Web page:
What did Man Ray say to you? What did you learn from him?
What I did learn from him is obey my instincts and entrust my intuition; in other words, at that time - and this is before digital photography so you would take pictures and make contact sheets - I remember him telling me “when you are looking at your contact sheets, like the image you respond to, trust your instincts and don’t ever edit your responses”. You see, artists trust their instincts more than everybody else... When you work for the corporate world or you do stuff for an ad campaign you must put aside your personal feelings for the goal of making it to please the people that you are working for. I was able to take that advice and use it throughout my carrier. Those two pivotal things, first working with Rolling Stone magazine and then the talk about motivation on how to deal with my own photography and trust my instincts and my first impressions, was because of Man Ray.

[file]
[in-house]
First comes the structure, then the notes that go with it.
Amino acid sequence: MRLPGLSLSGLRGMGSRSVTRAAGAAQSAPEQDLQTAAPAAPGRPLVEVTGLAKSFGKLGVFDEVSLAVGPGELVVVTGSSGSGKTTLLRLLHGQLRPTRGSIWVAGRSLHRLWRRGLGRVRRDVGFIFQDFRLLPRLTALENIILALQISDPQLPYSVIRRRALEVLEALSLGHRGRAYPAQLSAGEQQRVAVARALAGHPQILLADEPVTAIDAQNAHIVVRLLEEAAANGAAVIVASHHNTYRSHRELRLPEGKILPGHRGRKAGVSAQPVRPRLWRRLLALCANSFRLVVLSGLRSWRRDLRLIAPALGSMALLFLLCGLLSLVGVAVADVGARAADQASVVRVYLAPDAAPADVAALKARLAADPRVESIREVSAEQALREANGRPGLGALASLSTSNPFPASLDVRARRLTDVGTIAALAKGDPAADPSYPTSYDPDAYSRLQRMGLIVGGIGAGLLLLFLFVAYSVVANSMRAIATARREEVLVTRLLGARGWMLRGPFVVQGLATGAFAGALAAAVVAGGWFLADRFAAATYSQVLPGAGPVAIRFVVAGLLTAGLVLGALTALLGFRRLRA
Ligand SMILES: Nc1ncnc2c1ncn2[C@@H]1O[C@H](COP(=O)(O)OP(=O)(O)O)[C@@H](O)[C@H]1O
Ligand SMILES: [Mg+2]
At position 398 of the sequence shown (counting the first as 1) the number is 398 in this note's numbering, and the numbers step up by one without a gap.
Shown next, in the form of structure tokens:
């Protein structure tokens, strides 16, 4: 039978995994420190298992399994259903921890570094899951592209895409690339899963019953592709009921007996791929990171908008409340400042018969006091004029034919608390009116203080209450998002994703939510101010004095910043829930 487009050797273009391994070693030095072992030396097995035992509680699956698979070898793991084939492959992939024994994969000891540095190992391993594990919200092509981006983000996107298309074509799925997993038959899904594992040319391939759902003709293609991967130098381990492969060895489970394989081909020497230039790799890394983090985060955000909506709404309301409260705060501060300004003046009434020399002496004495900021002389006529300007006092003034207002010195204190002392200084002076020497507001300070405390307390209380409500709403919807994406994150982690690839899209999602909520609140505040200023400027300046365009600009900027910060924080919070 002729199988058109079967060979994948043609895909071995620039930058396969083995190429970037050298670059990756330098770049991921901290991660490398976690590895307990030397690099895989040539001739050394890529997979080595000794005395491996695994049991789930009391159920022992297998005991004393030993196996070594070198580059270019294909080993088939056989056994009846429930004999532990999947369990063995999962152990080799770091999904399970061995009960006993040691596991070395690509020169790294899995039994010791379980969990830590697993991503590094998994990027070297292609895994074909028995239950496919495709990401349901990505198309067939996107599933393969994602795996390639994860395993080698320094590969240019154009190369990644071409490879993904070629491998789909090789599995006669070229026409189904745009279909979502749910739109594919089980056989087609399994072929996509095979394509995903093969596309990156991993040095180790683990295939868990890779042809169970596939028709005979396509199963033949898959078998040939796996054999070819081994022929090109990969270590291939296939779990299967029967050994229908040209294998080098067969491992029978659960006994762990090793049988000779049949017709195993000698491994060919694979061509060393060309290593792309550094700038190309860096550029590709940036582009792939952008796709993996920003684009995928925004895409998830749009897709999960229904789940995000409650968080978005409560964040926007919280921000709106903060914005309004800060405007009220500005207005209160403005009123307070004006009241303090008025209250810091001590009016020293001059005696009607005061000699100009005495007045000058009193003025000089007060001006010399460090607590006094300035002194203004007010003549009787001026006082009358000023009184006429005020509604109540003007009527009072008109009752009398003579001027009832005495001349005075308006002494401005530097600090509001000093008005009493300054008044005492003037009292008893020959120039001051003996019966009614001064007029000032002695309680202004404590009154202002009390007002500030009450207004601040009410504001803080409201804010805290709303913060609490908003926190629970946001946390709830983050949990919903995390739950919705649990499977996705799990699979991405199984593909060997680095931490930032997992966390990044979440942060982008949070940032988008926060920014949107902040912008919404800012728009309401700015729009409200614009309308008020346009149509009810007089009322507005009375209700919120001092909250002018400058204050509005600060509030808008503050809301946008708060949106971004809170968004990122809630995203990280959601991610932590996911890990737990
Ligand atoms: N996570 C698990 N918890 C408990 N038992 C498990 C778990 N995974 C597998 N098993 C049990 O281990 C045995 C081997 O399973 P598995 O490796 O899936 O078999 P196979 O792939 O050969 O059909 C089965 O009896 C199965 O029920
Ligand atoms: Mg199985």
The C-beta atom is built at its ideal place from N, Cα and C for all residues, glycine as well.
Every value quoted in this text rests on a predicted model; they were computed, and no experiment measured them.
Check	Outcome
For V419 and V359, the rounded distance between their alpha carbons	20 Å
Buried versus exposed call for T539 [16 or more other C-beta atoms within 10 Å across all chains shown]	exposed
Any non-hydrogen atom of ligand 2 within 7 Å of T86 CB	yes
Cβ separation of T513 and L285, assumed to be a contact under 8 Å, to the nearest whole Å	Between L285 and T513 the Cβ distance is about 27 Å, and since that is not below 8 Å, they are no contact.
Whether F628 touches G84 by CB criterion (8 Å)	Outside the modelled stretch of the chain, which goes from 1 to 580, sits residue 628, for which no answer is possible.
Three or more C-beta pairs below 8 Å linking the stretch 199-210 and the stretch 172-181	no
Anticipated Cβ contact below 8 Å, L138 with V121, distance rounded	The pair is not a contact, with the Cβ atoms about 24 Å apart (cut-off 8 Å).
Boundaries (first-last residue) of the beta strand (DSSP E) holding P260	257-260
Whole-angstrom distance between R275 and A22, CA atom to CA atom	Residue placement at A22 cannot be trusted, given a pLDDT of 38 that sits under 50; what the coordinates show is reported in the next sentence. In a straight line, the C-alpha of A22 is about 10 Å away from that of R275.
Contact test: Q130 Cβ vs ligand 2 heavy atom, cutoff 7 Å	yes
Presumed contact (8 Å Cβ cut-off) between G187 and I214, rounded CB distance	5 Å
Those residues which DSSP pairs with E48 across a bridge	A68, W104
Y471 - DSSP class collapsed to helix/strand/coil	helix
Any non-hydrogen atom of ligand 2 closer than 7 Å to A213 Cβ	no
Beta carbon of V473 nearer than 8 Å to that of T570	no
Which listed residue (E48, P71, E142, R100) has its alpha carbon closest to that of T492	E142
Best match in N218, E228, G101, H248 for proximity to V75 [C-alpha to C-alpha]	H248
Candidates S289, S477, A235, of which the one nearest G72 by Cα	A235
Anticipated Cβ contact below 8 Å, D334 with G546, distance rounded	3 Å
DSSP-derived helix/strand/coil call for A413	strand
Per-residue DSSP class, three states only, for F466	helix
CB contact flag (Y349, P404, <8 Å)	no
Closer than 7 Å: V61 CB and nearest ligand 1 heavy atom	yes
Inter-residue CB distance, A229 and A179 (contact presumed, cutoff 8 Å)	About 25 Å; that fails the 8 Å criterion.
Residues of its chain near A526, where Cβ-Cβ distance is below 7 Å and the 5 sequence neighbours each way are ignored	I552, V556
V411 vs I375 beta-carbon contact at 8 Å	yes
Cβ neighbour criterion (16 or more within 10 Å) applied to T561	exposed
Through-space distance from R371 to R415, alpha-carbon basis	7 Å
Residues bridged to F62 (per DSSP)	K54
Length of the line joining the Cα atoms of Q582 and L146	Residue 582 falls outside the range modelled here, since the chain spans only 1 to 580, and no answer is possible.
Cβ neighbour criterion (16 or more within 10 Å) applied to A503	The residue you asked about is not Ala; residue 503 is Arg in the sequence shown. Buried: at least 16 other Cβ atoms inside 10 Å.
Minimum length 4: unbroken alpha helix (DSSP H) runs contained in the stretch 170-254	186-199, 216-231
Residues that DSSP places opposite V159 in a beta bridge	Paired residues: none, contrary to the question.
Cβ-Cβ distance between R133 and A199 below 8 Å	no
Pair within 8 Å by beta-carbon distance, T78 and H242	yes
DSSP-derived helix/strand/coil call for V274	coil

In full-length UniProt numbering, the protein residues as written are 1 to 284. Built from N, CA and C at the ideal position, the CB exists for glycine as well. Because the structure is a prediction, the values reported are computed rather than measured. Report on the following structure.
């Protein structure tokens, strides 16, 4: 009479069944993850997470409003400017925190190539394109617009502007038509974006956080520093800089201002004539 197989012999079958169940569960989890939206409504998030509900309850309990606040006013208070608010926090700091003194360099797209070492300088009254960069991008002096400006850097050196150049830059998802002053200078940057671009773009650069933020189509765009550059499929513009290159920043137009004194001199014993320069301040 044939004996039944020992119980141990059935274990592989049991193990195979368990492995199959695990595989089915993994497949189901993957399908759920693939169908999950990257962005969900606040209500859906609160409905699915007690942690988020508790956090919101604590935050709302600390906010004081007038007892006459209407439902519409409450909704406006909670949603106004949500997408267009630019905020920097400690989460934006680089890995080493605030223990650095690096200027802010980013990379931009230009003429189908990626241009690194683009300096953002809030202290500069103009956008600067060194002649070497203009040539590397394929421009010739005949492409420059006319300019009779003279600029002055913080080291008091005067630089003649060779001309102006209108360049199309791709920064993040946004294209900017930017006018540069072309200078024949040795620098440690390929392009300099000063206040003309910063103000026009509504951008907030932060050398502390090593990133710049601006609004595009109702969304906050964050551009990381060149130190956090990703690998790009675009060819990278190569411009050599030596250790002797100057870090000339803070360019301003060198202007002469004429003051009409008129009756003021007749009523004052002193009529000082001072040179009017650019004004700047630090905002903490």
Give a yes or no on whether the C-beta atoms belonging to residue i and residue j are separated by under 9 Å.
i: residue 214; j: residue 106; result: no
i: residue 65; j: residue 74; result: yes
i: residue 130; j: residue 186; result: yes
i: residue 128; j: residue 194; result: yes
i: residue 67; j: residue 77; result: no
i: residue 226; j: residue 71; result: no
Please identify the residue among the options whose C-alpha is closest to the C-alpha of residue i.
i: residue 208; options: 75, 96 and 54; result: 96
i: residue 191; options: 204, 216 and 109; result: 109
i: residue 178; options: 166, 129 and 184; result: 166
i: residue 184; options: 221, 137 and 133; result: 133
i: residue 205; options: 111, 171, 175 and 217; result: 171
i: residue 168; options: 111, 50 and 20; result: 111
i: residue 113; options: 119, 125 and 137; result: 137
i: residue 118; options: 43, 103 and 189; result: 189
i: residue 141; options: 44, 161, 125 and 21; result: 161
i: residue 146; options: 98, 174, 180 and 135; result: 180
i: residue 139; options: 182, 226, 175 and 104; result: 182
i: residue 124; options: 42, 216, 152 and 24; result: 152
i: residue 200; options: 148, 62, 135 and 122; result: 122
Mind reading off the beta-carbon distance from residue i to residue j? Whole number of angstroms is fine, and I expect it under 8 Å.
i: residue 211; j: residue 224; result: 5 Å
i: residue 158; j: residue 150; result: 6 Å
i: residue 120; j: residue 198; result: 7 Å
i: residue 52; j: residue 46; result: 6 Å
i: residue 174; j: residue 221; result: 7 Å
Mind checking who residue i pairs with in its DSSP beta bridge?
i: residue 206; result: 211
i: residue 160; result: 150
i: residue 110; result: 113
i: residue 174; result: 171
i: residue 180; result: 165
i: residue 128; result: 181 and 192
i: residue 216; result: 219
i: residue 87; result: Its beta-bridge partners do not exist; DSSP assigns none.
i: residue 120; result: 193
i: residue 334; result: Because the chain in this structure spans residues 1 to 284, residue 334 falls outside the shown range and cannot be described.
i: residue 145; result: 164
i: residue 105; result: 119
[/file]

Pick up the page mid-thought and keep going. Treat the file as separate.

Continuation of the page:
You see, when we are young the slightest amount of encouragement makes everything possible!
Andy Warhol was a leading figure in the visual art movement as well, how did that occur? Did you seek him out or did he see something in you and tried to find you?